challenge to introducing this technology to rural communities will be integrating
the technological system into the community structure. The community management
of the disinfection system should ensure access for all villagers and provide
built-in incentives for maintenance and repair.
However, before contaminated water enters the UV disinfection chamber,
the water must be filtered to reduce turbidity. The turbidity in surface
water can be reduced by using an appropriate sand filter. In the disinfection
chamber, water is disinfected by exposure to UV light. In the present design,
the UV chamber is constructed from sheet metal and contains a UV lamp under
a reflector. A shallow stream of water flows under the UV lamp through
channels in a metal tray. Although ultraviolet disinfection may not be
the best choice for water disinfection in all circumstances, it could be
the most viable and preferred alternative in the present situation.
Two firms in India have taken up the manufacture of UV devices of LBL
design. These units are now being field-tested in India. The UV project
team originally comprised Dr. Ashok Gadgil, Dr. Art Rosenfeld, and Mr.
Derek Yegian. The present team includes Dr. Gadgil, Mr. Yegian, and Ms.
Catherine Lukancic. The LBL project team is now working in the laboratory
to significantly lower the system cost without compromising performance.
In the fiscal year of 1995, the researchers hope to receive feedback regarding
the field performance of several test units at various rural locations
in India. Because the UV system uses approximately 40,000 times less primary
energy than the common developing-world practice of boiling water over
a cook-stove, UV disinfection has other significant benefits. On a local
level, the substitution of UV disinfection for the burning of biomass fuels
reduces indoor and outdoor air pollution as well as pressure on the forests;
globally, such a substitution reduces emissions of carbon dioxide, a greenhouse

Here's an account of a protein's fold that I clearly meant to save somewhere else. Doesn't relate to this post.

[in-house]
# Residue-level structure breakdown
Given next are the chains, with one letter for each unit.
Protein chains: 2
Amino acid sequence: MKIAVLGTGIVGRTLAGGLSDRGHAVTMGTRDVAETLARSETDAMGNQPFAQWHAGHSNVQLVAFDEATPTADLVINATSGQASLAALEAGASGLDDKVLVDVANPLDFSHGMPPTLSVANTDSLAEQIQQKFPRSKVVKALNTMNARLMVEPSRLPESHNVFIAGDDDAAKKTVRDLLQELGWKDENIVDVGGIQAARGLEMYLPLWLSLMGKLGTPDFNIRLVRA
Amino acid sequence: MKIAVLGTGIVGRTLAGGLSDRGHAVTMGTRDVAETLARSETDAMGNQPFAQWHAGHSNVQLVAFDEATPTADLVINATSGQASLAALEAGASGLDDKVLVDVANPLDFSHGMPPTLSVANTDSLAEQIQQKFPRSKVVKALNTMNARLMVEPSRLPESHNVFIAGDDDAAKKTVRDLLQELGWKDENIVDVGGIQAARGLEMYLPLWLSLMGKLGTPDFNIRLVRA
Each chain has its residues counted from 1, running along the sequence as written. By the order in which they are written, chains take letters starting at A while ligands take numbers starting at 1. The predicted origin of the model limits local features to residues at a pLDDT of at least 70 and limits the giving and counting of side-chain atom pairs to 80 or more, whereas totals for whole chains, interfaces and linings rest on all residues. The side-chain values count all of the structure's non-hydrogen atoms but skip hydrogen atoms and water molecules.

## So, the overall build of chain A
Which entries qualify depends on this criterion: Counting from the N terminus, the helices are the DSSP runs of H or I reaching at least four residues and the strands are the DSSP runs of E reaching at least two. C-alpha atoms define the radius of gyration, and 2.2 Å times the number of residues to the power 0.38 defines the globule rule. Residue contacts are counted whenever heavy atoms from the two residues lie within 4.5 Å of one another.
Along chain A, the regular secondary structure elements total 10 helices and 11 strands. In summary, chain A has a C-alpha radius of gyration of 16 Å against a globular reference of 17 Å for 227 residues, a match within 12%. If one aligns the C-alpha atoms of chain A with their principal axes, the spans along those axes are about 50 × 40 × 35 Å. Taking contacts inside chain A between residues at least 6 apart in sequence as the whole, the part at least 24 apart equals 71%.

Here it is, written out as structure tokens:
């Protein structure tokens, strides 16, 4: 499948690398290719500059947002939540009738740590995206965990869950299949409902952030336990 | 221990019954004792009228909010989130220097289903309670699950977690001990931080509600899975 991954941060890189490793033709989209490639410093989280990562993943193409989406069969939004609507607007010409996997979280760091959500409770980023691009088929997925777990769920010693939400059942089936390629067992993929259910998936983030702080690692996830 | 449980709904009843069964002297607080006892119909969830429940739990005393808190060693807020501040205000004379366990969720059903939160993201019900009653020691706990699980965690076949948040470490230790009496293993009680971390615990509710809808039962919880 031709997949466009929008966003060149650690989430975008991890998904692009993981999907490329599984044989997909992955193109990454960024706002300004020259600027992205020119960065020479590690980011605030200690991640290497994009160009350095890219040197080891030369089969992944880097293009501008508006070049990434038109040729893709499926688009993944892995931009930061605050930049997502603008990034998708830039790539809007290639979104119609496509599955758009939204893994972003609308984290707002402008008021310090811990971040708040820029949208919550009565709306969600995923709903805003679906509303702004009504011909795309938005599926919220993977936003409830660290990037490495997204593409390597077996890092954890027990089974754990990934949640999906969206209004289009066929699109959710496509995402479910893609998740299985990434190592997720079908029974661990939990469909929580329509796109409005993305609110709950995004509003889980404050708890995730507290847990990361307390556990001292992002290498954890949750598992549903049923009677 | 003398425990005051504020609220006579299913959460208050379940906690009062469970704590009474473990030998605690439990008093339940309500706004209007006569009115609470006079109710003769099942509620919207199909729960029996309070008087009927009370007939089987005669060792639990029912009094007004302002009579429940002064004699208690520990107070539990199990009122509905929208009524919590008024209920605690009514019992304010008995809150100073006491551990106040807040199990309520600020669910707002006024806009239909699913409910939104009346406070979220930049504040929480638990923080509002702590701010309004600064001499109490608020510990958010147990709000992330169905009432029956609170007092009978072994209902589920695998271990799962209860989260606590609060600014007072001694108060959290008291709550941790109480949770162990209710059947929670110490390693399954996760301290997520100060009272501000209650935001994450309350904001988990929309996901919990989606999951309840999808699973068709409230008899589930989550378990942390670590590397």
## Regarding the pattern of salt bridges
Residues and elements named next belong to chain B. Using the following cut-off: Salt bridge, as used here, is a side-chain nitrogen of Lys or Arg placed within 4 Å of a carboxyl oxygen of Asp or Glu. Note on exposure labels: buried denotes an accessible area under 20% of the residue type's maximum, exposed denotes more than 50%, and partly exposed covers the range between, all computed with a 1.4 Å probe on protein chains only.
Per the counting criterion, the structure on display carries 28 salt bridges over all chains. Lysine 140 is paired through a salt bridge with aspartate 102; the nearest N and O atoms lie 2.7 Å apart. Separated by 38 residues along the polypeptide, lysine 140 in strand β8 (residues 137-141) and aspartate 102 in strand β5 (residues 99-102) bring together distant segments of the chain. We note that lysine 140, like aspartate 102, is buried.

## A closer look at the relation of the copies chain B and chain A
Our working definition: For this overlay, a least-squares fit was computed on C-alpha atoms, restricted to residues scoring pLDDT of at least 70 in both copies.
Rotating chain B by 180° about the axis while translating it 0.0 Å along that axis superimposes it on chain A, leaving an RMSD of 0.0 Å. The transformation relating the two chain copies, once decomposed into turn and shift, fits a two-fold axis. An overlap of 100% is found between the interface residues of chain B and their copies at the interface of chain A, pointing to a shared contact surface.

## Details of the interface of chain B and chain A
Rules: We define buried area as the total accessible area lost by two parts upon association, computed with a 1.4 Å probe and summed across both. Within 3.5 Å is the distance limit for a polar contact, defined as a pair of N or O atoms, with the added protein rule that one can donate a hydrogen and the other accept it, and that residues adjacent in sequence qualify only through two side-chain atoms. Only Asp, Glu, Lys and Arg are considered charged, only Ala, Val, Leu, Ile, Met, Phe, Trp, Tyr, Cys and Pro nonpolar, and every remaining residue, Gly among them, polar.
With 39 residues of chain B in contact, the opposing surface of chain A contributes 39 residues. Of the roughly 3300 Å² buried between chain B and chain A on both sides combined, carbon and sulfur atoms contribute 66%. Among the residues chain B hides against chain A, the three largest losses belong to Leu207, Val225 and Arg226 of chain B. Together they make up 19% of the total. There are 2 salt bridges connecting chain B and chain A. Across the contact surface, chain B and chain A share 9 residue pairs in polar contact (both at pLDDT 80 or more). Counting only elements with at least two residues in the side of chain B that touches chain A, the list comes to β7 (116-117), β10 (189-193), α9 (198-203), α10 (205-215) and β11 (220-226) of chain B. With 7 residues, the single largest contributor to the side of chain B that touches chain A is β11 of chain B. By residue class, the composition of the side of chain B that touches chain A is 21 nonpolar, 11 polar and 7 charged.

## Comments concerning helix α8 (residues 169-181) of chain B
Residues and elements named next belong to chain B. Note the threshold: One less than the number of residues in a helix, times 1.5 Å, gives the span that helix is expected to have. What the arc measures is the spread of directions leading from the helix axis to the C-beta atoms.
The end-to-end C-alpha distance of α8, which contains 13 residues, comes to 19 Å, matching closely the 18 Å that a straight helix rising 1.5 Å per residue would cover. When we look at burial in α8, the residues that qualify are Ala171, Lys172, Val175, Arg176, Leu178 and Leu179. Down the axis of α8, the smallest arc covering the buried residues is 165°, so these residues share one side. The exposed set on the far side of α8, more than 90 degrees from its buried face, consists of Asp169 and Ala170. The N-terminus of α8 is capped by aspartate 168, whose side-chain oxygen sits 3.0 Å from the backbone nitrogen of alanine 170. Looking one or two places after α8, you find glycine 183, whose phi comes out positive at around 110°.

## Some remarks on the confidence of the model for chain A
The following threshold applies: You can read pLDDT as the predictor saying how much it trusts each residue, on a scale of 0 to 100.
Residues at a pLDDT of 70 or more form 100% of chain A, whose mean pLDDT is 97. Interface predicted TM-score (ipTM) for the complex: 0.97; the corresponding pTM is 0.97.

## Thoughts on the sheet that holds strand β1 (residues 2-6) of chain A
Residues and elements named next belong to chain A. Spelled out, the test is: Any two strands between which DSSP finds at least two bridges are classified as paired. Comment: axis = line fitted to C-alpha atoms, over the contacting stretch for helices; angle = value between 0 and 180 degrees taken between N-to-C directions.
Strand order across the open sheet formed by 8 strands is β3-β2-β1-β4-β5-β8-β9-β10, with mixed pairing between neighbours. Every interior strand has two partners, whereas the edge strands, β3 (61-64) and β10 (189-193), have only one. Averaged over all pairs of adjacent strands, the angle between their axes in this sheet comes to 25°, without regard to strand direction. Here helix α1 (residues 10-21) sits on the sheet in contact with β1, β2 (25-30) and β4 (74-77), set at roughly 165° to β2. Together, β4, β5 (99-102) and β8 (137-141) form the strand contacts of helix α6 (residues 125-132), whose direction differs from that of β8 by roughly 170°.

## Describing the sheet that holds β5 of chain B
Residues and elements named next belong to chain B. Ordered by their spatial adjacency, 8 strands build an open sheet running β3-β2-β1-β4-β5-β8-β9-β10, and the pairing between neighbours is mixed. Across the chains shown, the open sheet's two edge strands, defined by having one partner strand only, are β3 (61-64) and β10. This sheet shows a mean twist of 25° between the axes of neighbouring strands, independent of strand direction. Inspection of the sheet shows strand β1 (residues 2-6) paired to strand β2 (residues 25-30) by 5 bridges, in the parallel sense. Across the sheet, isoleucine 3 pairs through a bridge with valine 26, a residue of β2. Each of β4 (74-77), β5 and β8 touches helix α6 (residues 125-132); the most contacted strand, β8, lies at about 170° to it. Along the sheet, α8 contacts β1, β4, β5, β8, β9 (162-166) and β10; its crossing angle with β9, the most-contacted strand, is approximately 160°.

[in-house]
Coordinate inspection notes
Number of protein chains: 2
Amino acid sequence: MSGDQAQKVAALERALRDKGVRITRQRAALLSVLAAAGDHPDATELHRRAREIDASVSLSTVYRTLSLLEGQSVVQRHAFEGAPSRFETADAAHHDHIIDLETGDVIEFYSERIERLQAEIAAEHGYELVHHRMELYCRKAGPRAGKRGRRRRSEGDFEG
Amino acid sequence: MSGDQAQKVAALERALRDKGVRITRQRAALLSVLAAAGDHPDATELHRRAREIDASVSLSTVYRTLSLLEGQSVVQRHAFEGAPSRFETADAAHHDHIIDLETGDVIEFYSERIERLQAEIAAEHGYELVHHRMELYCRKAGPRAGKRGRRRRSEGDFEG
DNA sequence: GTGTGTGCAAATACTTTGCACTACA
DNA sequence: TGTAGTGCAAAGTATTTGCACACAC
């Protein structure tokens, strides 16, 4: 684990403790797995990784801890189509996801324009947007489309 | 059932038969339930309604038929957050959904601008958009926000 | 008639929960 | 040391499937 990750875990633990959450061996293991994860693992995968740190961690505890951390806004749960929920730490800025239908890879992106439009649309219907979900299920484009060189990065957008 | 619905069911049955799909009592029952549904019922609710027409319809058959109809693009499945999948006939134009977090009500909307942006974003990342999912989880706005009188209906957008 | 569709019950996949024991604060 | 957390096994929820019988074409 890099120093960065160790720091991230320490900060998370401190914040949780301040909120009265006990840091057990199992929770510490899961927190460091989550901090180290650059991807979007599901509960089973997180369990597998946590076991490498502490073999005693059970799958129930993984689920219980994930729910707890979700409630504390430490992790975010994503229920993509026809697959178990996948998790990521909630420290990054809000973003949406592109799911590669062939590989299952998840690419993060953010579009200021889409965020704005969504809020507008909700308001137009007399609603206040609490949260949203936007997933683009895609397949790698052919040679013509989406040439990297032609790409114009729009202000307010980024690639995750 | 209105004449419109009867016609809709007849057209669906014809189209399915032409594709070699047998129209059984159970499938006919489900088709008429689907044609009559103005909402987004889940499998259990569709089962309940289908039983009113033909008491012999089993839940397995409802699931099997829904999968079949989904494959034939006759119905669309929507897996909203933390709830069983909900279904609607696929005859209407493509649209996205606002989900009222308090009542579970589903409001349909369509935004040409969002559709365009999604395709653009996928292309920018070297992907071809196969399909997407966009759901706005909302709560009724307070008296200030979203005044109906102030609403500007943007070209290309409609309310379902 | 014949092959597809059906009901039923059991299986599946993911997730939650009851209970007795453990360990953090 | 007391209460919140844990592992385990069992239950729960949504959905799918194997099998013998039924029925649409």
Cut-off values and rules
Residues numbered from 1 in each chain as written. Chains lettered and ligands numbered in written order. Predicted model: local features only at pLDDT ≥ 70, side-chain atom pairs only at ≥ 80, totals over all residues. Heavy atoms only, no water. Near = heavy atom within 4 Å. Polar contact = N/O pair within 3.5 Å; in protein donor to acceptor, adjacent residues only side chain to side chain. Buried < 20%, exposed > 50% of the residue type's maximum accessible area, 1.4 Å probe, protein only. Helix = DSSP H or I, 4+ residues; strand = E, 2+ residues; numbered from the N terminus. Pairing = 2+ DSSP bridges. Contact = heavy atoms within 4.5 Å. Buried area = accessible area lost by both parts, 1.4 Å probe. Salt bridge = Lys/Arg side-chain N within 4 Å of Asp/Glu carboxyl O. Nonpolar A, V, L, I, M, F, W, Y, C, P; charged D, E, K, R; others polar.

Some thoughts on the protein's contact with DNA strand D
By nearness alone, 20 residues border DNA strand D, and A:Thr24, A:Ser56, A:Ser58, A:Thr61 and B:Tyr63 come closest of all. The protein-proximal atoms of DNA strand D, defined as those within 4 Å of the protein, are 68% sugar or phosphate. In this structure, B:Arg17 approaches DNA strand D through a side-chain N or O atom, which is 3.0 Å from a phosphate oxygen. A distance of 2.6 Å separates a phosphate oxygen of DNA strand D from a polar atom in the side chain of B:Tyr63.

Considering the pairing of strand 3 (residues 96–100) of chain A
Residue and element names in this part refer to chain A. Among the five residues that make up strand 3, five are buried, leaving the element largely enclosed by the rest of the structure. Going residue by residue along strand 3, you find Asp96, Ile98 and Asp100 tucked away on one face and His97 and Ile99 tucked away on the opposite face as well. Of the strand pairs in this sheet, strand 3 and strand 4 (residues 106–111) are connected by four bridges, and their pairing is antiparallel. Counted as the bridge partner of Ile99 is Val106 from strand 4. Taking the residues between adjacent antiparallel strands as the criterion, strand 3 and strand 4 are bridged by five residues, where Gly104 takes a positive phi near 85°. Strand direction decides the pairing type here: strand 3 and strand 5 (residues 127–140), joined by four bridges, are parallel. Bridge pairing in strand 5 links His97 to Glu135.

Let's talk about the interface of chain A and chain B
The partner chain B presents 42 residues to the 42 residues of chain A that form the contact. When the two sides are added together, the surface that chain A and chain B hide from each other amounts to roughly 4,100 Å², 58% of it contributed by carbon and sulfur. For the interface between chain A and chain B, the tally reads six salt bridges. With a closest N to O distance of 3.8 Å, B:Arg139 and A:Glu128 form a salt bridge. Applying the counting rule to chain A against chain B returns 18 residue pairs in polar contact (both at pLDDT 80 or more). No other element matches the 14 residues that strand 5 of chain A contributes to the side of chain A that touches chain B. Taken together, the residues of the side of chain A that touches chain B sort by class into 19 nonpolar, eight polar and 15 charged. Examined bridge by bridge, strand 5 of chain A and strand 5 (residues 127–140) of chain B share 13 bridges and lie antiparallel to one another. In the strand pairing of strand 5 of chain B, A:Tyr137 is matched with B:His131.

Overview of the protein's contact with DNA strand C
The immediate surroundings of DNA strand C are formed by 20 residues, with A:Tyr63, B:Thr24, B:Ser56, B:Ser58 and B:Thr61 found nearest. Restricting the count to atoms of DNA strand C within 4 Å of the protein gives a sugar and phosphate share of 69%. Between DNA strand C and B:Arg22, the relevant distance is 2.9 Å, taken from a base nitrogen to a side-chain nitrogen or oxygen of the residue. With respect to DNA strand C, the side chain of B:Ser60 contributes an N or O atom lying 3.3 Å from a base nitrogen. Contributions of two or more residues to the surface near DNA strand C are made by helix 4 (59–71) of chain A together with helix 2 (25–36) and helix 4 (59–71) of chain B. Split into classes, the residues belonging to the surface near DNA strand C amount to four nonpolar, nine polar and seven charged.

gas associated with global climate change.
An alternative to UV disinfection is solar radiation. This is a simple
and effective method that can be applied to combat water-borne and water
related diseases prevalent in Bangladesh. Dr. O. Odeyemi, a visiting UNU
Fellow at the Brace Research Institute in Quebec, Canada has focused mainly
on the design and adaptation of systems that can be used and maintained
by the 1.4 billion inhabitants of rural areas of the world. One such appropriate
technology is based on the findings of Acra et al (1984) of the American
University of Beirut, Lebanon. They found that exposure of drinking water
in a transparent container to a few hours of sunshine would rid the water
of enteric bacteria. The process is so simple and it may be an immediate
answer to the numerous incidence of preventable water-borne and water related
diseases prevalent in the developing areas of the world and it is a virtually
costless way to render contaminated water fit for human consumption.
The technique involves exposing transparent glass or plastic bottles
of water obtained from nearby streams and other sources, for a period of
2 to 4 hours to full sunlight. It has been noticed that under these conditions,
harmful pathogenic organisms that may be present in the water are killed,
provided the initial degree of water contamination is not excessive. Recent
reports from Canada say they have had great success with transparent plastic
bags filled with water.
A summary of the experimental procedure of Acra et al (1984) is as follows:
- One to two litres of water contained in transparent containers were
deliberately contaminated with municipal sewage and exposed to direct sunlight
for some hours to monitor solar kill of enteric bacteria.
- Containers of various sizes, shapes, and colours were employed. These
include Pyrex glass, glass and plastic bottles, locally made glass vessels
with a spout commonly used for drinking water, and polyethylene bags.